Date: 21st October 2022
Andrew Watson: Scotland’s First Black Footballer
As it is currently Black History Month, we at the SFSA wanted to honour one of the most significant figures in Scottish football history, Scotland’s first ever black footballer Andrew Watson. With this piece, we hope that fans can learn more about Watson himself, and about the history of Black Footballers in Scottish football.
140 years ago, the name Andrew Watson would be a familiar and revered one for all Scottish football fans. Watson was one of the best known and most influential footballers of his day, captaining Scotland and leading his team to monumental victories over England and Wales. Andrew was also player and secretary of the biggest club in Britain, Queen’s Park, a team that achieved two Scottish Cup wins.
Andrew was born in Georgetown in Demerara, the capital of British Guyana, to a wealthy Scottish sugar plantation owner. He had a sister called Annetta, with whom at age 5 or 6, alongside their father set on a voyage across the Atlantic, searching for a new life in Britain.
After arriving in Britain, Andrew attended schools in Staffordshire, Yorkshire and Wimbledon where he was first exposed to football. In 1869, Watson’s father died, leaving a large estate shared between Watson, then aged 13, and his sister Annetta (a small amount was also left to their mother in Guyana). This allowed Watson to be financially independent for life and meant he could wholly focus on football.
At the age of 19, Watson enrolled at the University of Glasgow to study engineering, natural philosophy and mathematics, however he did not finish his studies and in 1877 set up a wholesale warehouse business. From the mid-1870s onwards, Watson combined his dry goods business with a glittering football career. In 1874 he signed for the Glasgow-based Maxwell before moving to the Govan-based Parkgrove FC where he was also match secretary. Watson acquired a reputation as one of the most stylish, pacey and composed full backs in the Scottish game. Watson was not only the first person of colour to play football in Britain, but also to hold an administrative role within a British team.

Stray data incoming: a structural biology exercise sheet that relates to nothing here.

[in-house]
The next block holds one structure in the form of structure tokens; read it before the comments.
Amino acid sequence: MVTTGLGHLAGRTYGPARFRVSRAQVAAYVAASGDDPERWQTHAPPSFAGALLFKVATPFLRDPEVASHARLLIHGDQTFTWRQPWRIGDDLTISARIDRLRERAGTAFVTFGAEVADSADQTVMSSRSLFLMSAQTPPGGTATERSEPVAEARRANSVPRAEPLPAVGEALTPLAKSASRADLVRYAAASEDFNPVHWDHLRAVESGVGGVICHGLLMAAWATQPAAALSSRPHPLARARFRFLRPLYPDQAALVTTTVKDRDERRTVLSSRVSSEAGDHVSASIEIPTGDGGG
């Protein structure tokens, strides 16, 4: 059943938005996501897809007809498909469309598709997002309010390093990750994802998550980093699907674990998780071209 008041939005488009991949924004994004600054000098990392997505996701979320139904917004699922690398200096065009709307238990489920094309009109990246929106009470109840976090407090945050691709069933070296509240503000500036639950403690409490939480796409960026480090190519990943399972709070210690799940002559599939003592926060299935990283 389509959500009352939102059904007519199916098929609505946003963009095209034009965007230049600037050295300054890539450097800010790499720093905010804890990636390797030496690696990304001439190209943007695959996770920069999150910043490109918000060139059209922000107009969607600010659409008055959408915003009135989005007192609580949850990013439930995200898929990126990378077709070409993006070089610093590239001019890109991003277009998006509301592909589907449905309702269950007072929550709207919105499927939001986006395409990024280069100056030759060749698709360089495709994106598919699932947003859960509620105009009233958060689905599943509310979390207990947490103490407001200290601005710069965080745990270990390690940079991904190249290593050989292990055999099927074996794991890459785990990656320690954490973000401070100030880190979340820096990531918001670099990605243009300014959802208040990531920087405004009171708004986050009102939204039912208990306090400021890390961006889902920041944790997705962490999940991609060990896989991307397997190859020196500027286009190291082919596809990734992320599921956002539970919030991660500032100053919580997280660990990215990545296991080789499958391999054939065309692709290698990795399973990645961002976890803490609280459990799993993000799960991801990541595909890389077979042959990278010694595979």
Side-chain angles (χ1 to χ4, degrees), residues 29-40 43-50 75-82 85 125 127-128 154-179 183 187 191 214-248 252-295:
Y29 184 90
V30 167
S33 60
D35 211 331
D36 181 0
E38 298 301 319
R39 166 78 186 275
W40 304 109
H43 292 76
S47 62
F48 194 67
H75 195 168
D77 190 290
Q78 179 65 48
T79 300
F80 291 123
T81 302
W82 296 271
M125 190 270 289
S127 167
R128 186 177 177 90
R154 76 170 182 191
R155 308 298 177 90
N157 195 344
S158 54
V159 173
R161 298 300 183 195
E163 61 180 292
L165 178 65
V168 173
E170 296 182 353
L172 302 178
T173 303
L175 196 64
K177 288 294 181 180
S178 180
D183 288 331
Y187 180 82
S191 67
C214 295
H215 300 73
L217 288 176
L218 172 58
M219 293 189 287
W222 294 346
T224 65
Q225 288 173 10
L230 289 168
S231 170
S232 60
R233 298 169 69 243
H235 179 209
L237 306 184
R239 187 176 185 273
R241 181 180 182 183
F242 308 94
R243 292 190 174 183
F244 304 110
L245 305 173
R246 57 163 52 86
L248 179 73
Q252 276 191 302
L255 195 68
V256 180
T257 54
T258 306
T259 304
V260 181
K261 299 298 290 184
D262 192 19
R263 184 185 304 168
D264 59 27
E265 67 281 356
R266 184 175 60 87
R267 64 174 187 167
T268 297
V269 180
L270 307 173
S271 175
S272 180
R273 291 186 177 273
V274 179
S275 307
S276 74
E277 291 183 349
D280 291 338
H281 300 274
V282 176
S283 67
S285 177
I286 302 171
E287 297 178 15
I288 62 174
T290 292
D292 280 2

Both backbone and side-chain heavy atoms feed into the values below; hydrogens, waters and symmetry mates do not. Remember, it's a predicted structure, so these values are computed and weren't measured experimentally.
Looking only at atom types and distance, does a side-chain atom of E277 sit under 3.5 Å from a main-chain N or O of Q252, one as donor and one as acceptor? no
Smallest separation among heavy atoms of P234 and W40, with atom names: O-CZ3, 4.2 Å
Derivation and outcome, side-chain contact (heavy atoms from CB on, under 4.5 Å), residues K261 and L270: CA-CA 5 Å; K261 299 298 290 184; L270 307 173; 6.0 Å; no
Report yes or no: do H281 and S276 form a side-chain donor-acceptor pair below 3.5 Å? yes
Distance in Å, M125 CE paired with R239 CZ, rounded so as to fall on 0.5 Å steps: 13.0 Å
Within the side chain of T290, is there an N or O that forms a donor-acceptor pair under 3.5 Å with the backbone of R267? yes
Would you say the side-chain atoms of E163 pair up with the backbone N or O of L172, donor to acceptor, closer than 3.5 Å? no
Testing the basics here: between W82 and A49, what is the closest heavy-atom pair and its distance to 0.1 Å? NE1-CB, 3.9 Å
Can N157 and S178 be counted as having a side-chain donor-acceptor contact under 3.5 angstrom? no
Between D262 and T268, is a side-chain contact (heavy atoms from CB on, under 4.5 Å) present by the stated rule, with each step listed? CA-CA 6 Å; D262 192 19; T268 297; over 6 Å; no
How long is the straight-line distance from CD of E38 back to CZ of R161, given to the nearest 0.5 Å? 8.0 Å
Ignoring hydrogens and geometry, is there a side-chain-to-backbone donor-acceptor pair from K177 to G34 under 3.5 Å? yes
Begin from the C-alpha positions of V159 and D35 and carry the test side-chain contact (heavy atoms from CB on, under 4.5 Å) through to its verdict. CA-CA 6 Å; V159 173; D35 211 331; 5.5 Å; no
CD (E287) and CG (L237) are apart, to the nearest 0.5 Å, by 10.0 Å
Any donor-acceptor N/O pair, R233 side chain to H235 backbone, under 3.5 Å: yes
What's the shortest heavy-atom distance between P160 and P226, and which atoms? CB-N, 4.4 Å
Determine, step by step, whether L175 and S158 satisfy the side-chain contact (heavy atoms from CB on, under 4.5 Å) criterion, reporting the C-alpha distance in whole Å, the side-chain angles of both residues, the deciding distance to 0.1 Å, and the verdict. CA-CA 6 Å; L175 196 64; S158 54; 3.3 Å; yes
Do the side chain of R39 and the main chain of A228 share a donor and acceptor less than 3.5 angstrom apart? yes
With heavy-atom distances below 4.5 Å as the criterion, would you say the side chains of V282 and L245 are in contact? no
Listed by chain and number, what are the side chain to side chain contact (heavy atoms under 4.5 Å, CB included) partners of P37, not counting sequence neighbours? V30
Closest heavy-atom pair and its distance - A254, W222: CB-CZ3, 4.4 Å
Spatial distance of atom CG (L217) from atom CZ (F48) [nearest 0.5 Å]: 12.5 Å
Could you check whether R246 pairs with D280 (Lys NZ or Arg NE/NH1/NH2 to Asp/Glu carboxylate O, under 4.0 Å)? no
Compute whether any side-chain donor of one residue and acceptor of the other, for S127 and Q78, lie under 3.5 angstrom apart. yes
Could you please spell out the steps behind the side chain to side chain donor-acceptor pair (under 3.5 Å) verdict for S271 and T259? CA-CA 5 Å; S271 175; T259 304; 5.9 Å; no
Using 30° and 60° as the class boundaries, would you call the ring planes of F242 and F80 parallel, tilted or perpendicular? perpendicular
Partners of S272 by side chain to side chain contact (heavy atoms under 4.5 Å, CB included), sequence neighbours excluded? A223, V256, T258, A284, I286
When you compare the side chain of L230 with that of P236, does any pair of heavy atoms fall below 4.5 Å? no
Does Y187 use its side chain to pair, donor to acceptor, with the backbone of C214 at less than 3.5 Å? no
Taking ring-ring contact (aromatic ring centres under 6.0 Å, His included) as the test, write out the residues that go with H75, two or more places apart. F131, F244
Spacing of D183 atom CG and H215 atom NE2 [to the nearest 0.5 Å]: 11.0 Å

1880 saw Watson invited to join the leading Scottish club of the era – Queen’s Park, where he also fulfilled the role of match secretary. His success in the Scottish game brought Watson to the attention of leading figures in English football and a move to English football followed, initially with the Slough-based Swifts FC.
After Watson’s wife sadly died in late 1882, Andrew divided his time between Glasgow and London, playing for Queen’s Park, Swifts and touring with the Corinthians. As he no longer resided full time in Scotland, he was not eligible to play for the international side again, curtailing what would have likely been a lengthy and successful international career. Nevertheless, Andrew Watson won further Scottish cups with Queen’s Park in 1886 and 1887.
After his second marriage, Watson moved to Liverpool and went on to play for Bootle FC. Bootle paid wages to some of their players and whilst there is no evidence that Watson received financial compensation from the team, it is possible that he may have been the world’s first Black professional footballer.
Watson achieved a remarkable amount in the 1880’s, including being the first black captain of an international team, the first player of colour to win a major footballing competition and the first black player to appear in the English FA Cup. The list of footballing ‘firsts’ makes Andrew Watson one of the most significant figures, not only in the Scottish game, but in world football. A status that was acknowledged by the Scottish Football Association when they inducted him into the Scottish Football Hall of Fame in 2012.
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